Performer, composer, activist, musicologist — these roles are all infused into Jeremy Dutcher’s art and way of life. His music, too, transcends boundaries: unapologetically playful in its incorporation of classical influences, full of reverence for the traditional songs of his home, and teeming with the urgency of modern-day struggles of resistance.
A member of Tobique First Nation in New Brunswick, Jeremy first did music studies in Halifax before taking a chance to work in the archives at the Canadian Museum of History, painstakingly transcribing Wolastoq songs from 1907 wax cylinders. "Many of the songs I'd never heard before, because our musical tradition on the East Coast was suppressed by the Canadian Government's Indian Act." Jeremy heard ancestral voices singing forgotten songs and stories that had been taken from the Wolastoqiyik generations ago.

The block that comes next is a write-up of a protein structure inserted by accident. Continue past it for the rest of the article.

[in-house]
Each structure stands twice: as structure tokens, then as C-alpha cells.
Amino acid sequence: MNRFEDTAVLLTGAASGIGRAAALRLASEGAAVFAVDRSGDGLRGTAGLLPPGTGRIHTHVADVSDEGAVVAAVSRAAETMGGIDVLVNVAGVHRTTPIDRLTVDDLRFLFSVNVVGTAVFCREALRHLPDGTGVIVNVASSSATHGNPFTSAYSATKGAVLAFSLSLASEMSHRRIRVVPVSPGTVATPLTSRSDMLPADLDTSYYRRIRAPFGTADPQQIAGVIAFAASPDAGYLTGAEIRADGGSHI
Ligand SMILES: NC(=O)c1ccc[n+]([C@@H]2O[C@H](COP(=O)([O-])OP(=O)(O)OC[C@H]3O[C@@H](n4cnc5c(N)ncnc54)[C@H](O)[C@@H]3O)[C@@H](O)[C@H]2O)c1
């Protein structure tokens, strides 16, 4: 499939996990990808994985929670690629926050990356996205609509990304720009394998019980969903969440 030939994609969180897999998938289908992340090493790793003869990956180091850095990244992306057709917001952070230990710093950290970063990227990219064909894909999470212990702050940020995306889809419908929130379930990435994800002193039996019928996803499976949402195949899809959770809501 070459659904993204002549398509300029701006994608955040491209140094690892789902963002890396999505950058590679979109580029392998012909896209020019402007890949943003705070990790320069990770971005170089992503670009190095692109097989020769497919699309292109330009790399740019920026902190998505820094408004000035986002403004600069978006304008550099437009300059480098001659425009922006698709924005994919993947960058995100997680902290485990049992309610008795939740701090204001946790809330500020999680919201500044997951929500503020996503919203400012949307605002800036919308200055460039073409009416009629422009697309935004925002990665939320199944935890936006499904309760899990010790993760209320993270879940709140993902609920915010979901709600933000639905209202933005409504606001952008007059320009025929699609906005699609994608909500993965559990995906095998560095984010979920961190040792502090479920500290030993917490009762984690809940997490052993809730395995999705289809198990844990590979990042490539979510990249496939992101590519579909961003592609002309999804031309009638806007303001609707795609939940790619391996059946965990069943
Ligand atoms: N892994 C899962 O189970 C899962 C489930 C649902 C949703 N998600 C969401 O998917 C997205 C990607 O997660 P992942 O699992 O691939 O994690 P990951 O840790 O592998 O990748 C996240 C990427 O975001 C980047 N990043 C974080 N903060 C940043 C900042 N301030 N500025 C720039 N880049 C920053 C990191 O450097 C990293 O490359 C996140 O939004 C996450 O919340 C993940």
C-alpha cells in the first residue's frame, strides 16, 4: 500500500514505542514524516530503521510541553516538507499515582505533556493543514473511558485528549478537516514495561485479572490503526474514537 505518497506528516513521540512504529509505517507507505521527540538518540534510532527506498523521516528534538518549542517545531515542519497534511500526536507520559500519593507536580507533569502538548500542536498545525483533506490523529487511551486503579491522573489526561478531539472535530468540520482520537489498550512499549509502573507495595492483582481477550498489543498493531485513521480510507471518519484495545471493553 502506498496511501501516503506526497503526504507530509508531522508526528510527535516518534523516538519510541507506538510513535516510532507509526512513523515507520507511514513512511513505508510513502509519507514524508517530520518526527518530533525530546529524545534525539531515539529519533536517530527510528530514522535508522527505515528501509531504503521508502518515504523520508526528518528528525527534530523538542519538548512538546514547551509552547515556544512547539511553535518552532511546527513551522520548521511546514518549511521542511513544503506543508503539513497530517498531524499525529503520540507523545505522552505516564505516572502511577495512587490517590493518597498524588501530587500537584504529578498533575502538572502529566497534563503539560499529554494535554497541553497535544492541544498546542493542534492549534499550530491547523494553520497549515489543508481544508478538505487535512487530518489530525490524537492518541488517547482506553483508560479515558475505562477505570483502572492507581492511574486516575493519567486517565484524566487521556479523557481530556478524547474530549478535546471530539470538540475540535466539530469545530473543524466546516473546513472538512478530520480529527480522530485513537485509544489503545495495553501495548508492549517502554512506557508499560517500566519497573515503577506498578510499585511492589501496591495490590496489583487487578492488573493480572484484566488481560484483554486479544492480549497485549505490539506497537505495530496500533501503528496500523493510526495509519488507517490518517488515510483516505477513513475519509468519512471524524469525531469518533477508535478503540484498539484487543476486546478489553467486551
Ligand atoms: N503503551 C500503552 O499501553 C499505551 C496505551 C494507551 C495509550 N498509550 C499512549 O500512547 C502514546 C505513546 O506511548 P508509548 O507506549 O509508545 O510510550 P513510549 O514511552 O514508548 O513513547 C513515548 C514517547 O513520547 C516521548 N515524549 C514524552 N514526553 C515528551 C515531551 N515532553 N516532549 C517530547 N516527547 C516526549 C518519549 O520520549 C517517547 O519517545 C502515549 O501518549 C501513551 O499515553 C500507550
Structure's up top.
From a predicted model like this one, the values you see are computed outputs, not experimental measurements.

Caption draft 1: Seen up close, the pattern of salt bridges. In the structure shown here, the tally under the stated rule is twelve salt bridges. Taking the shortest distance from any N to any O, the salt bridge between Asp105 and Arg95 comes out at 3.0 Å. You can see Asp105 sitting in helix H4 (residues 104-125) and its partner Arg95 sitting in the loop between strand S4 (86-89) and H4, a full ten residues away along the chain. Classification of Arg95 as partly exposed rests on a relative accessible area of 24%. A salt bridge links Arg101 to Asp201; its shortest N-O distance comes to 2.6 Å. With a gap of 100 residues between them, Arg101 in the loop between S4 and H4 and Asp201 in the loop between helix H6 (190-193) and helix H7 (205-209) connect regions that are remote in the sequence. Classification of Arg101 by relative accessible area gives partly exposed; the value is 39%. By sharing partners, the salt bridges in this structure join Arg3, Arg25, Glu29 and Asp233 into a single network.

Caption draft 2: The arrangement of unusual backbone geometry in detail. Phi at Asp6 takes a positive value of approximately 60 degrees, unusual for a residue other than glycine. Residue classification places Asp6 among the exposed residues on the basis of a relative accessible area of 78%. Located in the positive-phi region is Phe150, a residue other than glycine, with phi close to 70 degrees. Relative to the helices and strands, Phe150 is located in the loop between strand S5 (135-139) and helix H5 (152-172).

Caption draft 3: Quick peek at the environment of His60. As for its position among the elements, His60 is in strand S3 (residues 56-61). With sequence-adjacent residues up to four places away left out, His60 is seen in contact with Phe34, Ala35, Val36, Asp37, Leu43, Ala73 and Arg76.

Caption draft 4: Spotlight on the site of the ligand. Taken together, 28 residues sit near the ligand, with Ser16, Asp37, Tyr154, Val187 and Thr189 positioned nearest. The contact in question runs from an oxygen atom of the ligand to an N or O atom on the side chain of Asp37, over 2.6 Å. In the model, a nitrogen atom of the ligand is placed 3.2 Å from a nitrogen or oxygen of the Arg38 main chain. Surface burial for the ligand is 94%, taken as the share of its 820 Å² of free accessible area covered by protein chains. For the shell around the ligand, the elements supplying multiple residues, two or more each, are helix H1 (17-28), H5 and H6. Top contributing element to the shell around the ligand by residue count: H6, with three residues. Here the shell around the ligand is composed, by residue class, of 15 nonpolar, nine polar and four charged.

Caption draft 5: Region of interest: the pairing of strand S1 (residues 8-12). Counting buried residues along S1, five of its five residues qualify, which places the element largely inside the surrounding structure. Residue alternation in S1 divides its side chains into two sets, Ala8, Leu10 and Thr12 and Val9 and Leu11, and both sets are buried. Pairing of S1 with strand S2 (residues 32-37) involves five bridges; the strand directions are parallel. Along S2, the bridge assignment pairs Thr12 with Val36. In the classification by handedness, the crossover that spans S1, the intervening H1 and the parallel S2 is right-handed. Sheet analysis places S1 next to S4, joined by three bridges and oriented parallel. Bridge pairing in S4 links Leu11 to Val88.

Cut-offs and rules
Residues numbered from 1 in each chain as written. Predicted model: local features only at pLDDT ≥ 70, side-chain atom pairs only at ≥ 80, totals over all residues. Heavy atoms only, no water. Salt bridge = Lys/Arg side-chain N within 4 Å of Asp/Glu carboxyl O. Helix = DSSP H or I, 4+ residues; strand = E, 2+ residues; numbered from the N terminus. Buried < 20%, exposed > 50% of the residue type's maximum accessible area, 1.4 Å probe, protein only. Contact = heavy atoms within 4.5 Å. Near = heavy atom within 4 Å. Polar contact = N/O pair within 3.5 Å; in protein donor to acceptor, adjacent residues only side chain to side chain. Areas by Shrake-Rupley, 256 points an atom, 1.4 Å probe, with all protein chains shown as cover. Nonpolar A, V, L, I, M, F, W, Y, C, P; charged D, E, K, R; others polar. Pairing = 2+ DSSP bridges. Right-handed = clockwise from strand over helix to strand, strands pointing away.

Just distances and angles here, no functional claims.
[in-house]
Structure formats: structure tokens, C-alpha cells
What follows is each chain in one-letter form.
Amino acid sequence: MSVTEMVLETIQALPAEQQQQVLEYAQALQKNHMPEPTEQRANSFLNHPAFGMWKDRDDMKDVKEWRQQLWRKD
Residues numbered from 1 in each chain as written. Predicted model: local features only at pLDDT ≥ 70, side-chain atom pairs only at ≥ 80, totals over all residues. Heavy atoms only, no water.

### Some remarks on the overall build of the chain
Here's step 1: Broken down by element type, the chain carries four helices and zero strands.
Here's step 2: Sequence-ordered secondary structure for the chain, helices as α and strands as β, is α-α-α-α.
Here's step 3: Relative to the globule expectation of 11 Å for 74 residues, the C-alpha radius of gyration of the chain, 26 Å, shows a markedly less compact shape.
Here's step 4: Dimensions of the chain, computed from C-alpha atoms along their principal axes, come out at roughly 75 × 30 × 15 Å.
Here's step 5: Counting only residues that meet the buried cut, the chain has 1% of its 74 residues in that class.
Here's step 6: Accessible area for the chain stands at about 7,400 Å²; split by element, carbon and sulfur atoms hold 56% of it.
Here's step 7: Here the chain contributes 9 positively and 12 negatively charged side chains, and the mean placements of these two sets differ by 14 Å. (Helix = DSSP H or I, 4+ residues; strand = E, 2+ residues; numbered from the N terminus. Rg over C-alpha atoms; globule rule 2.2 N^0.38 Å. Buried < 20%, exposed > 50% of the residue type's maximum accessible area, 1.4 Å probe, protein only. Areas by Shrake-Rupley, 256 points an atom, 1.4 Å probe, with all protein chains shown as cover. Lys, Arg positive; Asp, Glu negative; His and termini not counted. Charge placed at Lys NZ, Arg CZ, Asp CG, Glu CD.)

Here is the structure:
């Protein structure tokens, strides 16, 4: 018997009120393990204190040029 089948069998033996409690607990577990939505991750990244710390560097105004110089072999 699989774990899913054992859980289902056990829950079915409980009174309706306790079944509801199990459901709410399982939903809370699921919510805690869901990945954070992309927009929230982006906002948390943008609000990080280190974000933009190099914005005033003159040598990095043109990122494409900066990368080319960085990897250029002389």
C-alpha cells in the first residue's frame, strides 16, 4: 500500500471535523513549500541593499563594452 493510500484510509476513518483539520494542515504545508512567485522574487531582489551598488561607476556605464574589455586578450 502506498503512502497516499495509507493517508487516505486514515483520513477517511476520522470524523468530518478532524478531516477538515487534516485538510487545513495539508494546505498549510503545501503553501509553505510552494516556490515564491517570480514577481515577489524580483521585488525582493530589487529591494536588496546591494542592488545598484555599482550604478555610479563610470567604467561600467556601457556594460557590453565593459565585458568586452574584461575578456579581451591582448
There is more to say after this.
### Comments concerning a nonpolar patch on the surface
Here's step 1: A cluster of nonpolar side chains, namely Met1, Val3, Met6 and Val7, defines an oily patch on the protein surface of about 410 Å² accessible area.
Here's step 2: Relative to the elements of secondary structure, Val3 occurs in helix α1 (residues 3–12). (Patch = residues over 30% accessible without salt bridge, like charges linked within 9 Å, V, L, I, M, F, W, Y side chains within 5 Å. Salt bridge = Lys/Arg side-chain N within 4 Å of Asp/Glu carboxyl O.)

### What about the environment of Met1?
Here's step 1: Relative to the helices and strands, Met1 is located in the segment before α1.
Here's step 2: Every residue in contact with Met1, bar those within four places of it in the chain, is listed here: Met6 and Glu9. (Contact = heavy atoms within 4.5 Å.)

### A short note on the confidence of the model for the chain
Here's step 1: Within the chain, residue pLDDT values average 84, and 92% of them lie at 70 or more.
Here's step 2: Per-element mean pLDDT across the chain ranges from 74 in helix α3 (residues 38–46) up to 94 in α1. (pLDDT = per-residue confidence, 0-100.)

These "collaborative"compositions, collected together on his debut LP Wolastoqiyik Lintuwakonawa, are like nothing you've ever heard. Delicate, sublime vocal melodies ring out atop vibrant piano lines. The anguish and joy of the past erupt fervently into the present through Jeremy's bold approach to composition and raw, affective performances enhanced by his outstanding tenor.
Wolastoqiyik Lintuwakonawa won the 2018 Polaris Music Prize.